Avoiding demanding and difficult events may make you feel protected in the short term but this can backfire in the long run since it also strengthens your underlying doubts and anxieties. The cycle instils an unhelpful belief that avoidance is the only way to deal with problems.
Low self-esteem can be harmful to your mental health and lead to issues like depression and anxiety. As a coping mechanism, you may develop detrimental behaviours such as smoking, drinking or using drugs as an escape or distraction from not feeling like you are good enough.
How to Develop a Positive Self-Esteem
Whether your self-esteem is temporarily low or you’ve had negative views about yourself for a long time, changing your negative thinking is the key to regaining your confidence. Starting to recognise and reverse your negative self-talk is where most people start. Self-talk as “the inner narrative that runs in an endless loop in your brain.” If all you say to yourself are negative things, it will over time have a direct effect on how you feel about yourself.
To improve your self-esteem, you must first identify and then discount your negative self-perceptions. For example, you can tell yourself that you’re “too foolish” to apply for a new job or that “nobody cares” about you. Once you start to believe these things about yourself the cycle begins.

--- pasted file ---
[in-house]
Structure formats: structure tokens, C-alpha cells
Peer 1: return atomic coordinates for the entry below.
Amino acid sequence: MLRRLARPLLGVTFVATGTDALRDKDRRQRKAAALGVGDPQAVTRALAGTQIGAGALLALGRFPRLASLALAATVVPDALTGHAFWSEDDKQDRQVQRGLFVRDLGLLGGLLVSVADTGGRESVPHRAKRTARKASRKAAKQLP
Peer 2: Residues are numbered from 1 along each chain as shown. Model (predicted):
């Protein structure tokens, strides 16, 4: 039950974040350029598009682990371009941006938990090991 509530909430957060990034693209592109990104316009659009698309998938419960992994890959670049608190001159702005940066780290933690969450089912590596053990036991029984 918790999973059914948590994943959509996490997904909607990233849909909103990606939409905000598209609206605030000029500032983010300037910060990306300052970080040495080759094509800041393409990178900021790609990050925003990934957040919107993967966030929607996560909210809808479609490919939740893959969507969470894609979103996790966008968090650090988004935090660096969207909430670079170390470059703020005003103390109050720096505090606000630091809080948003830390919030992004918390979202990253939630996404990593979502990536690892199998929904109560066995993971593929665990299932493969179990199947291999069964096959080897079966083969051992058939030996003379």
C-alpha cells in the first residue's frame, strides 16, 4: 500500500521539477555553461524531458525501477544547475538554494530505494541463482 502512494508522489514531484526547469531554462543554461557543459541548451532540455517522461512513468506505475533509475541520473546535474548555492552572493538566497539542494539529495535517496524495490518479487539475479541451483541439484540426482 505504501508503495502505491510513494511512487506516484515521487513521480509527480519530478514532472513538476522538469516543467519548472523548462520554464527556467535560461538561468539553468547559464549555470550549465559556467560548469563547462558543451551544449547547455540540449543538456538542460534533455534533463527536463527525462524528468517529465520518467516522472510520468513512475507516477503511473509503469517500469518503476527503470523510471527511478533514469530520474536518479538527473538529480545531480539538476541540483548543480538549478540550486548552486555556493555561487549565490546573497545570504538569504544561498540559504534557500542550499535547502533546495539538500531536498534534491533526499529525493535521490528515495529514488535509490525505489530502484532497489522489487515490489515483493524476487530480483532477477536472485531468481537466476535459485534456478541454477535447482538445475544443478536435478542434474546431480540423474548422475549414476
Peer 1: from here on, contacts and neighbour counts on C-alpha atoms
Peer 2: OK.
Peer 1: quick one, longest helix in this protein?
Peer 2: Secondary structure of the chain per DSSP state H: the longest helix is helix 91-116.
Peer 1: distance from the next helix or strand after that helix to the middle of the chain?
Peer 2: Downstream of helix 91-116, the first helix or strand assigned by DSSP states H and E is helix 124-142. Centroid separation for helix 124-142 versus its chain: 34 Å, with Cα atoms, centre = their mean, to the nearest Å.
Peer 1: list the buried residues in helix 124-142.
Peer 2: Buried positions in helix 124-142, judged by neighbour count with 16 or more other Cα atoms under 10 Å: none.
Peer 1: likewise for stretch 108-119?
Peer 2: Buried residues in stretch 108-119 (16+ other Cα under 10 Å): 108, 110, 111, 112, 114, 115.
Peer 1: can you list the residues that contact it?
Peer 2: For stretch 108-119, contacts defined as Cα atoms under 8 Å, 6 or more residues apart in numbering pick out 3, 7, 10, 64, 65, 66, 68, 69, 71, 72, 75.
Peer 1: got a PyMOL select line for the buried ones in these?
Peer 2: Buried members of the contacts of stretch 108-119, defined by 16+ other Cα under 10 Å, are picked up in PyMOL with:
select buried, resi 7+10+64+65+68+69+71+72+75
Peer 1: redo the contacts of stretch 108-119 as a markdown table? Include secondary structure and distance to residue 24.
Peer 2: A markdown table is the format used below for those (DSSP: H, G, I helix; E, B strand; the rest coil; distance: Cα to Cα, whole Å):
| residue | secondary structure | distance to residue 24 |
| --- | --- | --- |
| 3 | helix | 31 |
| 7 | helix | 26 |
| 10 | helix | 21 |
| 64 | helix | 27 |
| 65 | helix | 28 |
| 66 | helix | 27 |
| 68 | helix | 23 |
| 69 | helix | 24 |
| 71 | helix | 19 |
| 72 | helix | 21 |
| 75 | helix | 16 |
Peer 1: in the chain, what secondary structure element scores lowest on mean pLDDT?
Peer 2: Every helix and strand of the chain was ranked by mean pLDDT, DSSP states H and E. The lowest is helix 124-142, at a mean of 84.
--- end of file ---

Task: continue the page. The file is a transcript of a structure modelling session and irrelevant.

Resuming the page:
Start writing down your negative ideas on a piece of paper or in a diary and recognising and invalidating them before they embed in your psyche. Consider when you initially began to have these thoughts or even thoughts like them, when did they start and is it fair that you are still painting yourself with the same brush.
Next, start writing evidence that contradicts these negative assumptions, such as “I’m exceptionally brilliant at cryptic crosswords” or “Every week, my sister calls for a conversation.”
Other good qualities to write down include “I’m thoughtful,” “I’m a fantastic cook,” and “I’m someone that others trust.”